Welcome to my weekly digest for February 3, 2023.
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Women Prefer to Marry Up
From the annals of least surprising research findings, a study called The Economics of Hypergamy found that in Norway, the world’s most gender equal country according to the United States, women still prefer to marry up in terms of income. It’s very readable, and summarizes many basic research findings from the literature that should be a baseline for people thinking about the intersexual dynamics of dating and marriage.
How can hypergamy be explained in this context? We will point to two mechanisms, which we explore in more detail in an Online Appendix. The first operates through fertility differences and relates to the biological fact that men are reproductive for a longer period than women. As previously highlighted by, for example, Siow (1998) and Polachek, Zhang, and Zhou (2015), this implies that fertile women are relatively scarce and can be choosy with respect to a partner’s attributes, such as education or earnings potential. We show in the Online Appendix that the fertility mechanism implies that a higher fraction of women marry, that a higher fraction of men marry twice, and that the marriage propensity is more highly correlated with earnings potential among males than among females. The mechanism is more important the higher is the divorce rate and the higher is the gender differences in remarrying rates. If no one divorces, the mechanism has no bite.
The second mechanism operates through gender differences in preferences over potential mating partners. Men and women care about features other than earnings when choosing a partner, such as physical attractiveness and the ability of caring/parenthood, and may weight these attributes differently. Our driving assumption is that females give more weight to income potential than men when choosing between partners. Again our model implies a stronger relationship between own income potential and the propensity to marry for males than for females. Furthermore, except for the special case in which everyone marries, married males on average have a higher income potential than their spouses. This preference mechanism fits well with a literature indicating that men give more weight to physical attractiveness and beauty than do women and that women give more weight to IQ and earnings potential (Davis 1941; Elder 1969; Buss 1989; Buss and Schmitt 2019; Cashdan 1996; Fisman et al. 2006; Hitsch, Hortaçsu, and Ariely 2010; Eastwick et al. 2014; Buunk et al. 2002). It is also consistent with the findings that marital stability and satisfaction tend to be lower when women earn more than their partners (Bertrand, Kamenica, and Pan 2015) and that divorce rates increase when women become promoted (Folke and Rickne 2018).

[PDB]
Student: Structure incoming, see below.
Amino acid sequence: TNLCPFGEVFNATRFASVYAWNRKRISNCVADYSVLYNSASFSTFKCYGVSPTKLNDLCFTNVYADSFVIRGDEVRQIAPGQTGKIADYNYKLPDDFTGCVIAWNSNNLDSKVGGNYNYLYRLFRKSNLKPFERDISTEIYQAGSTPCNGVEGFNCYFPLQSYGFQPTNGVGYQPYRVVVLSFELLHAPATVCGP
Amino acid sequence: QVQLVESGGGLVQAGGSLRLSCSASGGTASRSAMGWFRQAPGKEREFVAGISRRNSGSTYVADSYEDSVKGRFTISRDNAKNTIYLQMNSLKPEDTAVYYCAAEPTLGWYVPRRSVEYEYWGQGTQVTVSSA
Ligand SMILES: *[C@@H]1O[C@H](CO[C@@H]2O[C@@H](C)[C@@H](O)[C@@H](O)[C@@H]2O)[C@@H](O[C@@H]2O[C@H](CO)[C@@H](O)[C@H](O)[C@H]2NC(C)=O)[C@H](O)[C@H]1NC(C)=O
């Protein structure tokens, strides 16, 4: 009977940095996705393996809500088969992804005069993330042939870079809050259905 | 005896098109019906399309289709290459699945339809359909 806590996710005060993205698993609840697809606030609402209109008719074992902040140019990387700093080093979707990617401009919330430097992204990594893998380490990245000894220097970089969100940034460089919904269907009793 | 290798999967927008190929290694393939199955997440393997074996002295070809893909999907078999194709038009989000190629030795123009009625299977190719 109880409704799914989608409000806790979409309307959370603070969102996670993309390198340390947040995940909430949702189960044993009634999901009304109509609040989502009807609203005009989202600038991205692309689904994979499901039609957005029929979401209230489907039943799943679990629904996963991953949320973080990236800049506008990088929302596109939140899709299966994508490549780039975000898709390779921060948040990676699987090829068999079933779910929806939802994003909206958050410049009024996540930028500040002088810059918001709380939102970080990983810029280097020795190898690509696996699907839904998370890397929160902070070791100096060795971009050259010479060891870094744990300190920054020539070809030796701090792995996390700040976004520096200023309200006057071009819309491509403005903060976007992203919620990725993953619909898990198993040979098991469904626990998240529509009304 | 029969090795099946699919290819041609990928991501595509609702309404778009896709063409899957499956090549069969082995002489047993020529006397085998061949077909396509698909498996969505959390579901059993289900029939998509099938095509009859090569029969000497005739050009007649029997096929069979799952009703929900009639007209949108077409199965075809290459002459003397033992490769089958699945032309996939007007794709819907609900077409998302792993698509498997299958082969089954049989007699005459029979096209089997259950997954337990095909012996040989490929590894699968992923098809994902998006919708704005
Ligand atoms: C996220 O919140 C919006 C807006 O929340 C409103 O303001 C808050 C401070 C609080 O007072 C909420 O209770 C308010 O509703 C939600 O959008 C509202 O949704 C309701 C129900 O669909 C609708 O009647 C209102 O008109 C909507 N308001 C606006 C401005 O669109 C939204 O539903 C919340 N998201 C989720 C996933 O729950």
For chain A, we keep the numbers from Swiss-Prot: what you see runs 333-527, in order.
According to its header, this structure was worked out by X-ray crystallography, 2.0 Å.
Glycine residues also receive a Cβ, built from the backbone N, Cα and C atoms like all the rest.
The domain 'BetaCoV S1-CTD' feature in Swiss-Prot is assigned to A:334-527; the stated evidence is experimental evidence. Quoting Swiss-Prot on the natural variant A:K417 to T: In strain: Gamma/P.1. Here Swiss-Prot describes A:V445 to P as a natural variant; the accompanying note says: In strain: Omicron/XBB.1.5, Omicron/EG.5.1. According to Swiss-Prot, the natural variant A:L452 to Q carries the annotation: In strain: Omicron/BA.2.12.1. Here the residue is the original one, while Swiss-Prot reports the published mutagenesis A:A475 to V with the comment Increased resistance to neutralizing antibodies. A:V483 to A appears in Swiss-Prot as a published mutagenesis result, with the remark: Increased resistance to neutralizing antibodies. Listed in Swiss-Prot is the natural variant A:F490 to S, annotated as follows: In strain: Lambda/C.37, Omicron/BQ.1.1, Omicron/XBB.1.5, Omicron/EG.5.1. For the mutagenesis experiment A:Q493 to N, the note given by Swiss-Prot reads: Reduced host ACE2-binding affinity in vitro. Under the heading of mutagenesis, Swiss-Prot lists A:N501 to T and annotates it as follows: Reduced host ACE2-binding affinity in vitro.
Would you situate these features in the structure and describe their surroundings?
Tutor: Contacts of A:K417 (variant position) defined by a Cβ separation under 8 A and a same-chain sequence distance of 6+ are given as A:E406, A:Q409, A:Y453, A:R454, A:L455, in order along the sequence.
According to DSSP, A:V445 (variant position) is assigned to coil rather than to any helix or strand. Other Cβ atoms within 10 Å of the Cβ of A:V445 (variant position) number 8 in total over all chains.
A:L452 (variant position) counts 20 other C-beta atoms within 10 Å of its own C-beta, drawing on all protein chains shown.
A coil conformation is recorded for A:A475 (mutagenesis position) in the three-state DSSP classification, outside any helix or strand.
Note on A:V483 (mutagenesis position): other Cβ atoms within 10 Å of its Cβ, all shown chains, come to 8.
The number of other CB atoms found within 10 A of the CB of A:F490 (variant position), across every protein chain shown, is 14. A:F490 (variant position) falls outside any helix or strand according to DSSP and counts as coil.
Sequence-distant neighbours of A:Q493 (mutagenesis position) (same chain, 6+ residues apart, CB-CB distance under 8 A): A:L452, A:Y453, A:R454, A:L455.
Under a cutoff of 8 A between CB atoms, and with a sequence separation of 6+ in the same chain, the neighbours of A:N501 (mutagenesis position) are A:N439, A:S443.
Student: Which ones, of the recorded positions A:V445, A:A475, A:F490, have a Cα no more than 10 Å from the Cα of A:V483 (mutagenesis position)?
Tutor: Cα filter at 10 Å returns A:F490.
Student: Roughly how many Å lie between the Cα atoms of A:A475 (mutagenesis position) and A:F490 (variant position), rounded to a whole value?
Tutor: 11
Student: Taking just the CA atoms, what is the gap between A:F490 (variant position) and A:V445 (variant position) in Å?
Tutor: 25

Indeed, there exists empirical evidence indicating that marital and childbearing aspirations affect women’s human capital investments long before a spouse has been found (Chevalier 2007; Bursztyn, Fujiwara, and Pallais 2017), implying that earnings observed prior to the match systematically underestimate the true earnings capacity for women planning to marry a rich man.